Two rifle cartridges that I need help with identification/


#1

The cartridge on the left I suspect to be an early 32-40 but not sure and I almost didn’t feel the slight shoulder. The one on the right as you can see has a very tight crimp so I included that as well. help!


#2

Beney
Some things to consider when trying to identify a cartridge. Books that gave a dimension often copy from another book and so it could be a mistake or it could be correct, but that still doesn’t take into account that different makers had different tooling and that chambers were not standardized for quite some time and so variations creep into the same case type. So if your looking for a specific number & it’s not that number, it could well be what you thought it was to begin with, just by a different manufacturer than was used for writing the book.

Reloads. Your one on the right has a Winchester primer. These primers were sold for reloading, so that has very likely been reloaded. Yes they were used by the factory but it’s not headstamped. (Yes there are exceptions to almost every case) The other (left) seems to have a mark on the primer that looks like a seating mark which is often not seen on factory ammunition. So my guess on that one is the same, a reload. Reloaded cases sometime show swelling at the base if not full length resized & even then sometimes you can see case scratches left from the die. Look under , on the rim for extraction marks that might or might not be there.

Did you get these from the same source as the .40-65 you asked about? That one like the 32-40 with the shoulder could be a guy with a heavy hand on the reloading dies? The crimp on the other could be the same reason. No reason (I know of) to crimp that so hard.

A lot of the early US sporting rounds were often reloaded and cases were sold as new empties and new primed empties.

A good quality magnifying glass of 10 X is a great tool to have. You can often see die & crimp marks, and judge if they should or should not be. Also it helps isolate your vision.

Hope this is of use and help. The more you look, the more you will see & soon you will gain more confidence in what you are seeing, when something odd like these show up. I hope I haven’t offended you, telling you things you all ready knew, It was certainly not my intention. It’s a learning process many of us go through, & still are going through. (every day)

Obtain & read as many ammunition books as you can.

Good Collecting & keep your powder dry
Pete


#3

[quote=“PetedeCoux”]Beney I will take any all information on cartridges and there certainly is nothing in your message to take issue with and besides, I’m pretty thick skinned. OK, we’ll stop there and I DO appreciate the input. I was hoping they were not reloads especially the one to the right and I think most every thing else I will be posting will be factory and if not then I need to know. Thank you, Tim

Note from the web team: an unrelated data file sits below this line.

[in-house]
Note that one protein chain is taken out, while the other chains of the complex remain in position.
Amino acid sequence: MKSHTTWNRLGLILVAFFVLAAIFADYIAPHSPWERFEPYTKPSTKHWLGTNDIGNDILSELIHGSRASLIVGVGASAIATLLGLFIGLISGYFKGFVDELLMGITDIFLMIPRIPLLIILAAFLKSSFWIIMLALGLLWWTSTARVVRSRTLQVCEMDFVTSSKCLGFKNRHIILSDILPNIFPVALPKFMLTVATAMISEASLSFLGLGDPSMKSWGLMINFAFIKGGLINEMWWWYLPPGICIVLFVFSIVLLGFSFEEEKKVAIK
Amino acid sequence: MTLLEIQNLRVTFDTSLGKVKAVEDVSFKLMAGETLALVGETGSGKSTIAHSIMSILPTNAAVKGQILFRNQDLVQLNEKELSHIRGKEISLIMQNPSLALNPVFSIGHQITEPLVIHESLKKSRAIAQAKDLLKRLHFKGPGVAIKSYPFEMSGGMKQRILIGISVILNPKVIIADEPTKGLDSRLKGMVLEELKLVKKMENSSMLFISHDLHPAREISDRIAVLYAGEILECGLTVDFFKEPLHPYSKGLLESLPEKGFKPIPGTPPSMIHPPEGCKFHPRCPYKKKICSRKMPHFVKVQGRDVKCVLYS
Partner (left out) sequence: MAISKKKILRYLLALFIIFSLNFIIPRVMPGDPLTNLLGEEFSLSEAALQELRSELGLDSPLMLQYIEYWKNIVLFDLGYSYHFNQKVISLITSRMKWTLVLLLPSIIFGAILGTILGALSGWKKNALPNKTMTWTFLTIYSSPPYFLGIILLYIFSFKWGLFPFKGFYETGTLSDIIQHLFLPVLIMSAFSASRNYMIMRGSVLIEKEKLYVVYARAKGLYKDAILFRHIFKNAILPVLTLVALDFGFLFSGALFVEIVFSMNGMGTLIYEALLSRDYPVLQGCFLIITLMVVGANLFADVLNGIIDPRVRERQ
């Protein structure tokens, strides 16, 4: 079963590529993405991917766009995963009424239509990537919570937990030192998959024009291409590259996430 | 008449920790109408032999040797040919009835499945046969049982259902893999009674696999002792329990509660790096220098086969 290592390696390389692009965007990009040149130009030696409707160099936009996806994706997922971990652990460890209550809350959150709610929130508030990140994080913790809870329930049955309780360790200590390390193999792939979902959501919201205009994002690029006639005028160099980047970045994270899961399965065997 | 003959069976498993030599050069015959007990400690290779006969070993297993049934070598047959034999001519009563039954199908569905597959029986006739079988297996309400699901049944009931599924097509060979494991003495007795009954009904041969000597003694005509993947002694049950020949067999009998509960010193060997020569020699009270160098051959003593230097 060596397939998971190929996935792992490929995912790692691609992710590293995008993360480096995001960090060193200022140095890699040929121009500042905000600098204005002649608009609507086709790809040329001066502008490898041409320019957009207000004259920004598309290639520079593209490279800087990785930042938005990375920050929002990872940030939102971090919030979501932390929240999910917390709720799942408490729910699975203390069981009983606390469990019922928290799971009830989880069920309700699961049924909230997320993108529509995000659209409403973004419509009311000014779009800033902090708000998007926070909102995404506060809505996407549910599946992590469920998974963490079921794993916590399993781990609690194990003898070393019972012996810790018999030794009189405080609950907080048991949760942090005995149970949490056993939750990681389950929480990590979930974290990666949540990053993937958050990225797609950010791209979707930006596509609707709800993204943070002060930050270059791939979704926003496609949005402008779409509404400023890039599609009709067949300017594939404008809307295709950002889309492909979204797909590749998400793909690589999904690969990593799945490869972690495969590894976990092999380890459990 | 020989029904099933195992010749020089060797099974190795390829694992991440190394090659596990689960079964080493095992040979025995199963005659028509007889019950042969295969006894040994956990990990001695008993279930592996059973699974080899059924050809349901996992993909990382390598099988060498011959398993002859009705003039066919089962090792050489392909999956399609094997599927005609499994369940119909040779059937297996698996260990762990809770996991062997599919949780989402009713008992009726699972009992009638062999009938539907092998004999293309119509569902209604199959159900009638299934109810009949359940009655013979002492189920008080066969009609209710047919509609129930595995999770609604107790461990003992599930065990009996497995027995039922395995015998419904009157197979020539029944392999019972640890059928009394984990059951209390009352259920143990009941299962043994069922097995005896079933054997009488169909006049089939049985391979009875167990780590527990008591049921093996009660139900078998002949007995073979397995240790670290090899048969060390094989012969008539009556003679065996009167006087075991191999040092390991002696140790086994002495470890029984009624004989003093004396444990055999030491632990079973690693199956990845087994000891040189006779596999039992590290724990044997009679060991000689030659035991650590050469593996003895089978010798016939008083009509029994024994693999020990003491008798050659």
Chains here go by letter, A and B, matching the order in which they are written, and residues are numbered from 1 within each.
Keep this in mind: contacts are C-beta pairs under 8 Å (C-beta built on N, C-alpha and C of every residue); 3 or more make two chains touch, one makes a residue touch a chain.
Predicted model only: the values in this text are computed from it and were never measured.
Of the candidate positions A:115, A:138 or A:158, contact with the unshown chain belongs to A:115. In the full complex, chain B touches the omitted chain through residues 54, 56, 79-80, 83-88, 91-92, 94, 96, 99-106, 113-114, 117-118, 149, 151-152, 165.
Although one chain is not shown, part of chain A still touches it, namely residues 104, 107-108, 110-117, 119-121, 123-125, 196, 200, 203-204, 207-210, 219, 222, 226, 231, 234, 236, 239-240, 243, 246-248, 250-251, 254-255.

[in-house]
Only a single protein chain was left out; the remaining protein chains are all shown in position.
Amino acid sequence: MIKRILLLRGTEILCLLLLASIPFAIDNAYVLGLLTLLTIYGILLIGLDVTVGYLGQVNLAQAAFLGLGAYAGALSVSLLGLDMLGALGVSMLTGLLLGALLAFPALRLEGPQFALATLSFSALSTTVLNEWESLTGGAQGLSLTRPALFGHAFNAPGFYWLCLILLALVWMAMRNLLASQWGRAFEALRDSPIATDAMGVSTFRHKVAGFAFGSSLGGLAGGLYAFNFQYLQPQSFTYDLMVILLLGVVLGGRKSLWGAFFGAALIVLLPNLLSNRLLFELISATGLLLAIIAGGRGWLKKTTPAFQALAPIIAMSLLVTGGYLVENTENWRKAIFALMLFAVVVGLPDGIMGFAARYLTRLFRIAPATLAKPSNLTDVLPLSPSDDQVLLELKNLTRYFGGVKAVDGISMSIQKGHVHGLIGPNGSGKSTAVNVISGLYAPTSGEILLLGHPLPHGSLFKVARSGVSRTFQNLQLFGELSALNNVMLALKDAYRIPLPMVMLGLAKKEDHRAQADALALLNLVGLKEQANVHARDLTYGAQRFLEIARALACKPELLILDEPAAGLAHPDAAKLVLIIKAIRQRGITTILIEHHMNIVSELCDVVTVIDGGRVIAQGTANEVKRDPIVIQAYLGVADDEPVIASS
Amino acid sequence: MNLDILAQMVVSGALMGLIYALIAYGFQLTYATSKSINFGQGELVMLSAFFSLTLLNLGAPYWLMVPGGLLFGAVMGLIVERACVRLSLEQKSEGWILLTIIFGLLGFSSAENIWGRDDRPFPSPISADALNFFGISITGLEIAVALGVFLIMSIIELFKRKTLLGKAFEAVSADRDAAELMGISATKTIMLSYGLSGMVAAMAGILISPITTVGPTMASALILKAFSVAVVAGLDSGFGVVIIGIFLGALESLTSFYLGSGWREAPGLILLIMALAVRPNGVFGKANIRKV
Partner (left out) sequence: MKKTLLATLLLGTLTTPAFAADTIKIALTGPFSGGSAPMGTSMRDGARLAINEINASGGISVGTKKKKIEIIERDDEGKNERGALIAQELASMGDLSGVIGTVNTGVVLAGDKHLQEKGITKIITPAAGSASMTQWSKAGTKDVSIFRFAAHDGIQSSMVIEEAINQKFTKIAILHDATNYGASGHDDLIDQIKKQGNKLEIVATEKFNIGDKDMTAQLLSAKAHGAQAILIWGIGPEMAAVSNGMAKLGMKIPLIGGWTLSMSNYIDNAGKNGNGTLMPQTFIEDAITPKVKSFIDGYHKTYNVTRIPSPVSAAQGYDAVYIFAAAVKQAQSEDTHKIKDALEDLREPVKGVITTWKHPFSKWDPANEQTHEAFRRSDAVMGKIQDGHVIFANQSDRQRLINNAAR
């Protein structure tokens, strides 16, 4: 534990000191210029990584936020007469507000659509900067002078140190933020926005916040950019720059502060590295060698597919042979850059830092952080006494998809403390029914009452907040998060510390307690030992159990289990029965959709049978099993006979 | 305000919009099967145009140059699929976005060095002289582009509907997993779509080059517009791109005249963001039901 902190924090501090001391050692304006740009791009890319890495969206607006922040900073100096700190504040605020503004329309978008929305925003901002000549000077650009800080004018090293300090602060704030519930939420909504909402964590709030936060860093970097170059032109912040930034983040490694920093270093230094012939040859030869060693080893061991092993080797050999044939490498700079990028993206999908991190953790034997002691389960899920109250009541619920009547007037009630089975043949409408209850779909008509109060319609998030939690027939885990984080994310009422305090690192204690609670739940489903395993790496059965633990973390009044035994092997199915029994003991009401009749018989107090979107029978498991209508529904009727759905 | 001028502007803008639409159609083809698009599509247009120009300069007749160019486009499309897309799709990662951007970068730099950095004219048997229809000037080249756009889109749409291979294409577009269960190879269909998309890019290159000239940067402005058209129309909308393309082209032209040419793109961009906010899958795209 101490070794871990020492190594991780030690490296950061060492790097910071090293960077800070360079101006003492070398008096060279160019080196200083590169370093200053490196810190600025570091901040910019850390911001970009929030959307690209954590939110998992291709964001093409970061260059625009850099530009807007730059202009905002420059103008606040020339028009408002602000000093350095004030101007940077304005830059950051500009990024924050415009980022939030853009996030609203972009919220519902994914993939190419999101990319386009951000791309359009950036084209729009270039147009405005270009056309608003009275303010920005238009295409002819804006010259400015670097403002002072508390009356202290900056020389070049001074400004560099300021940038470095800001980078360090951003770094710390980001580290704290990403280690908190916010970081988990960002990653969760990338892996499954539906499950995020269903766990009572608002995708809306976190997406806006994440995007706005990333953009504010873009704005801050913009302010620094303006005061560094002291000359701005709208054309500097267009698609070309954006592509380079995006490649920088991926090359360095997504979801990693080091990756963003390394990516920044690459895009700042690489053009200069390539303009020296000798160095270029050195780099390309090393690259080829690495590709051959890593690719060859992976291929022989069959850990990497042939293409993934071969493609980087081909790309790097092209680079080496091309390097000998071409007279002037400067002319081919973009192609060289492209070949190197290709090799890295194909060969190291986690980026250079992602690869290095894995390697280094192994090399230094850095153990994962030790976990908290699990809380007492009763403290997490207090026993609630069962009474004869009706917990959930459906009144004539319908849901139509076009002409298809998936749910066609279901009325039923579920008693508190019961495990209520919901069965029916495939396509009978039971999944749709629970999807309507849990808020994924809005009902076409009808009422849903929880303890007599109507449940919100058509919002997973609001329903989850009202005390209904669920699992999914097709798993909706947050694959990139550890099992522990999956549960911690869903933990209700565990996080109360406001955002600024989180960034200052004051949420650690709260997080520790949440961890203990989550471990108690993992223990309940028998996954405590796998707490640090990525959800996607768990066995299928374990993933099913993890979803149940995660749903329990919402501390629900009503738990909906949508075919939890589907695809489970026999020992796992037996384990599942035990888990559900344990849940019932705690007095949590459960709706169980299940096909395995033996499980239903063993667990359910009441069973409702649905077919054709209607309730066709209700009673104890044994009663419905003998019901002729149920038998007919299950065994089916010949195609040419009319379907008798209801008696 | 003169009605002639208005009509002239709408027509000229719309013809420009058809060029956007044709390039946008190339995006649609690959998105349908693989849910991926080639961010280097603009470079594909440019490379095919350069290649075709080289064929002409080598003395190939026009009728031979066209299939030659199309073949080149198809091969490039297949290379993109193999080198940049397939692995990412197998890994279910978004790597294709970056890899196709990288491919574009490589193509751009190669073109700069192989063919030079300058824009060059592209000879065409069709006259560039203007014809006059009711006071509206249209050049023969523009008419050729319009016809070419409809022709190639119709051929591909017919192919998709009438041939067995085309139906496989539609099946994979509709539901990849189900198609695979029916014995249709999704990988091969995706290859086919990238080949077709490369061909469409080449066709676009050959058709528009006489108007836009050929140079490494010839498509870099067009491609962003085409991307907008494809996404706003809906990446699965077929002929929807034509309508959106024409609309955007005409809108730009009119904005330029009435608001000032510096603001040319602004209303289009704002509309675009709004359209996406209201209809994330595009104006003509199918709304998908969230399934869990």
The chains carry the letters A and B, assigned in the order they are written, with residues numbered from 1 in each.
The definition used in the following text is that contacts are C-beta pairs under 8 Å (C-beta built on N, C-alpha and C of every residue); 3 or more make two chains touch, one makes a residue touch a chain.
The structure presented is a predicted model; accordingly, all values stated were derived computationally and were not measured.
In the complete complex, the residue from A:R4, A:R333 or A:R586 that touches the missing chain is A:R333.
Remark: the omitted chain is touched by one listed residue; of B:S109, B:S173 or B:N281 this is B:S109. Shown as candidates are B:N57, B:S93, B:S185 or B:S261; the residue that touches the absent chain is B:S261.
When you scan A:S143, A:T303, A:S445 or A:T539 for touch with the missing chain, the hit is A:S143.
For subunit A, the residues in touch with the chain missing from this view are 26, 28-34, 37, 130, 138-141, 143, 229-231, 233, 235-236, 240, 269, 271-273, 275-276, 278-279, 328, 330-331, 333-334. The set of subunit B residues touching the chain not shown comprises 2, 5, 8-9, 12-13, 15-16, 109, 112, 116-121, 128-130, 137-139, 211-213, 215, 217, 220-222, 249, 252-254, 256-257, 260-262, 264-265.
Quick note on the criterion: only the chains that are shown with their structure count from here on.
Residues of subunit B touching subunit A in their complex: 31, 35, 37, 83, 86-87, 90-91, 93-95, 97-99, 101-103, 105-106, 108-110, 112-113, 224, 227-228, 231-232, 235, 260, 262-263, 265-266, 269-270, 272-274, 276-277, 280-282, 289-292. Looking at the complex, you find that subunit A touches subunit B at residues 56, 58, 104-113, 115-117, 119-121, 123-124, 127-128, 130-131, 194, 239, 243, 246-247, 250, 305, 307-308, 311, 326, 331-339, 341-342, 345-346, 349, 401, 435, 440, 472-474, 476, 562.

Some things to consider when trying to identify a cartridge. Books that gave a dimension often copy from another book and so it could be a mistake or it could be correct, but that still doesn’t take into account that different makers had different tooling and that chambers were not standardized for quite some time and so variations creep into the same case type. So if your looking for a specific number & it’s not that number, it could well be what you thought it was to begin with, just by a different manufacturer than was used for writing the book.

Reloads. Your one on the right has a Winchester primer. These primers were sold for reloading, so that has very likely been reloaded. Yes they were used by the factory but it’s not headstamped. (Yes there are exceptions to almost every case) The other (left) seems to have a mark on the primer that looks like a seating mark which is often not seen on factory ammunition. So my guess on that one is the same, a reload. Reloaded cases sometime show swelling at the base if not full length resized & even then sometimes you can see case scratches left from the die. Look under , on the rim for extraction marks that might or might not be there.

Did you get these from the same source as the .40-65 you asked about? That one like the 32-40 with the shoulder could be a guy with a heavy hand on the reloading dies? The crimp on the other could be the same reason. No reason (I know of) to crimp that so hard.

A lot of the early US sporting rounds were often reloaded and cases were sold as new empties and new primed empties.

A good quality magnifying glass of 10 X is a great tool to have. You can often see die & crimp marks, and judge if they should or should not be. Also it helps isolate your vision.

Hope this is of use and help. The more you look, the more you will see & soon you will gain more confidence in what you are seeing, when something odd like these show up. I hope I haven’t offended you, telling you things you all ready knew, It was certainly not my intention. It’s a learning process many of us go through, & still are going through. (every day)

Obtain & read as many ammunition books as you can.

Good Collecting & keep your powder dry
Pete[/quote]